The power of HTML cannot be understated. The constant conversation in Computer Science is what “language” do you start with? Scratch is an easy answer for elementary school age students, but what about a high schooler that is way beyond that kiddie stuff?
The conversation I have 18 times a day with staff members is that “kids grew up with this technology”. I have teachers shocked how I’m able to guide students through projects using Google Sites or Drive (something they might struggle with). Well, although students are a lot more adapt at using Facebook and other social media sites, there are certain things that they inherently have picked up from years on the internet.
January 6th, 2016 – Basic HTML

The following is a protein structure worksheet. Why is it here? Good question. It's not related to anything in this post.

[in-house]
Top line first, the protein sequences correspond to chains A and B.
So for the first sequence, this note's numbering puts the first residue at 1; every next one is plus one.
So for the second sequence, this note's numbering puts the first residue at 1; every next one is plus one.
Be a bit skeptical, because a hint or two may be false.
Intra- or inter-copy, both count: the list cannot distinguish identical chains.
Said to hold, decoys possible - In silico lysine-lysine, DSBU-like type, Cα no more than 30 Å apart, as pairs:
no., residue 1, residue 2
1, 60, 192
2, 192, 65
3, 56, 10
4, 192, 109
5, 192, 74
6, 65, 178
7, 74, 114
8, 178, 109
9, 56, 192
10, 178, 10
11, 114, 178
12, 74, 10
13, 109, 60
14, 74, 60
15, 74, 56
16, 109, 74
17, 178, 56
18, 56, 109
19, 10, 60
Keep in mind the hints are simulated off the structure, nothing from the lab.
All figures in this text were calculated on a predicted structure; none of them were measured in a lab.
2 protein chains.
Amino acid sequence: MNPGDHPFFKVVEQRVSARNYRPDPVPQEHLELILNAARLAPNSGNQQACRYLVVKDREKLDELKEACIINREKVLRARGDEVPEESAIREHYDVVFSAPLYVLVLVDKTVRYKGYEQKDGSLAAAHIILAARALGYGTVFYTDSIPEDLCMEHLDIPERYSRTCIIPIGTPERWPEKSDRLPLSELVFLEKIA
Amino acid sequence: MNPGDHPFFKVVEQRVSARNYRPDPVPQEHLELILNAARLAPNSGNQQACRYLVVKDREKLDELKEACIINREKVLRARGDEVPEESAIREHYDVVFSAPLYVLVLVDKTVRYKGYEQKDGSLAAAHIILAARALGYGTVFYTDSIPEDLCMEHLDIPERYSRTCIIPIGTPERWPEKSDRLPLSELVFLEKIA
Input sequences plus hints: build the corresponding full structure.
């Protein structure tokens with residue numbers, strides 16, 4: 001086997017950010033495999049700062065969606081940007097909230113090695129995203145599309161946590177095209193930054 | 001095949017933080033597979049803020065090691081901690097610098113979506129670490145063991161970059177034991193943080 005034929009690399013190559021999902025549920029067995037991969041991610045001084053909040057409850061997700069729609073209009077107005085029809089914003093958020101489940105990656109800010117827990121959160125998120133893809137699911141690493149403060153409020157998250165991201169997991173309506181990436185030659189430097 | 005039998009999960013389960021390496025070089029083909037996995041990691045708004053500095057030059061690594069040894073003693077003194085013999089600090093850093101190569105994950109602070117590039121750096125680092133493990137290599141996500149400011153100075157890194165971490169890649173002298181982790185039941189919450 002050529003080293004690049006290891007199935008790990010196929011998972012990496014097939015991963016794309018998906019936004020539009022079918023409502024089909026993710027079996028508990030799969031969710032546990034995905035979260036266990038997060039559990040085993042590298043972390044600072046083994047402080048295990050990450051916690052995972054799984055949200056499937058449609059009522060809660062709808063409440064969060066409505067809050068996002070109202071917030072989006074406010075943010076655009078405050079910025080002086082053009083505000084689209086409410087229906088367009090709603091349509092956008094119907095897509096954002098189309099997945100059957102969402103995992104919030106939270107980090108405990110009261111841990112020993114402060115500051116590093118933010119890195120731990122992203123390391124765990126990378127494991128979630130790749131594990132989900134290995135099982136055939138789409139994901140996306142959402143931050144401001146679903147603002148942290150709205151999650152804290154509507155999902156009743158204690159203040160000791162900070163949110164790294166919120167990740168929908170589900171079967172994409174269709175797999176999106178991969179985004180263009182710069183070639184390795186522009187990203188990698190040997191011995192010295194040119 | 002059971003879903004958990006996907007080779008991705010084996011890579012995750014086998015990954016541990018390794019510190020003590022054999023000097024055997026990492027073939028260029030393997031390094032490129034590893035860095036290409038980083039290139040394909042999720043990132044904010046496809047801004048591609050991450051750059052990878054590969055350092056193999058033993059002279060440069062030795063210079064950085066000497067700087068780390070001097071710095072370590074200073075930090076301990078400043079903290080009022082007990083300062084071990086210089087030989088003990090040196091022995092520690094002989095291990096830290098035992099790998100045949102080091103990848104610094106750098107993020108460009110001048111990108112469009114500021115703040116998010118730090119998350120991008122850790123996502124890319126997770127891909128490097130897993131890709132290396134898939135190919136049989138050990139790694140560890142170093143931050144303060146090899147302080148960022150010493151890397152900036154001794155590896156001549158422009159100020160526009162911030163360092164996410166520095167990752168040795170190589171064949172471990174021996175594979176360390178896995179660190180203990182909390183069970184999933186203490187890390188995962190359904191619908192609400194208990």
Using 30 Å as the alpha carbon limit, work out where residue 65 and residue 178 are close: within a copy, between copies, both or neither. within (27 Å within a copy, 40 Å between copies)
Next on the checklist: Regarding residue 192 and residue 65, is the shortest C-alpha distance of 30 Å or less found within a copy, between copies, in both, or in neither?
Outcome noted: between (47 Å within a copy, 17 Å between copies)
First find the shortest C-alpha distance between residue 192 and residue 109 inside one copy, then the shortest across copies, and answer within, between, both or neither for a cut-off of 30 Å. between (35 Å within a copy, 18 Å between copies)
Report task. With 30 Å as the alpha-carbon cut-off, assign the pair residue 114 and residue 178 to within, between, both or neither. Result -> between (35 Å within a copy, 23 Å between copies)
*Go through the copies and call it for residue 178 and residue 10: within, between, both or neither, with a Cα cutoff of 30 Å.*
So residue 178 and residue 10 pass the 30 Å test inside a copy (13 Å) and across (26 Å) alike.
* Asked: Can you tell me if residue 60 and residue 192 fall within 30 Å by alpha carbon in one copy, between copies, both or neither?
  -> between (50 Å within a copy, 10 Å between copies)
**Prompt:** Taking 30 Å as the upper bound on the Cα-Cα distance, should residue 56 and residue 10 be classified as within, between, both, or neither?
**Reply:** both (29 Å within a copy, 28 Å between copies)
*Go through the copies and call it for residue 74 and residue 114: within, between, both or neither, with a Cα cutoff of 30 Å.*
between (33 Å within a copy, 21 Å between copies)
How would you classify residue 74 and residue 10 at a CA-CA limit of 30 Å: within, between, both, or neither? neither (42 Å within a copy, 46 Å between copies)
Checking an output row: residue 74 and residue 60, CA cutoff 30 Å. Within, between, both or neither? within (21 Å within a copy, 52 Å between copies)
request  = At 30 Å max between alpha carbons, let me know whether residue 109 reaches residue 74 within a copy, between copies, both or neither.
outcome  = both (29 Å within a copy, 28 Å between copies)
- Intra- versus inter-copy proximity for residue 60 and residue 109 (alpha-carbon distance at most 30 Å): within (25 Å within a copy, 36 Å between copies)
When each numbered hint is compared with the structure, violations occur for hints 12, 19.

There are a dozen ways and even more opinions on how to teach HTML, the fact is all of them are basically correct, we just need exposure to HTML. Sites like w3schools and codecademy teach the basics but all in their in-page editors (inside of their webpage) but you can work with HTML on any computer with NotePad (PC’s) or TextEdit (Mac’s). However, this post isn’t about that (maybe a future one will be) but this is encouraging people to reach out and connect with their students. Meet them where they are and within a few minutes of trying to figure out a basic webpage, it will appear in your browser and your students will have the very same excited look on their faces. Think about having that 10 page paper be a website with multiple webpages as the themes – it’s all just organization and quality of writing. Have that history essay mimic a wikipedia page with dozens of sources as links. In our foreign language class, have students make <tables> on conjugating verbs.Hey, you might learn something too…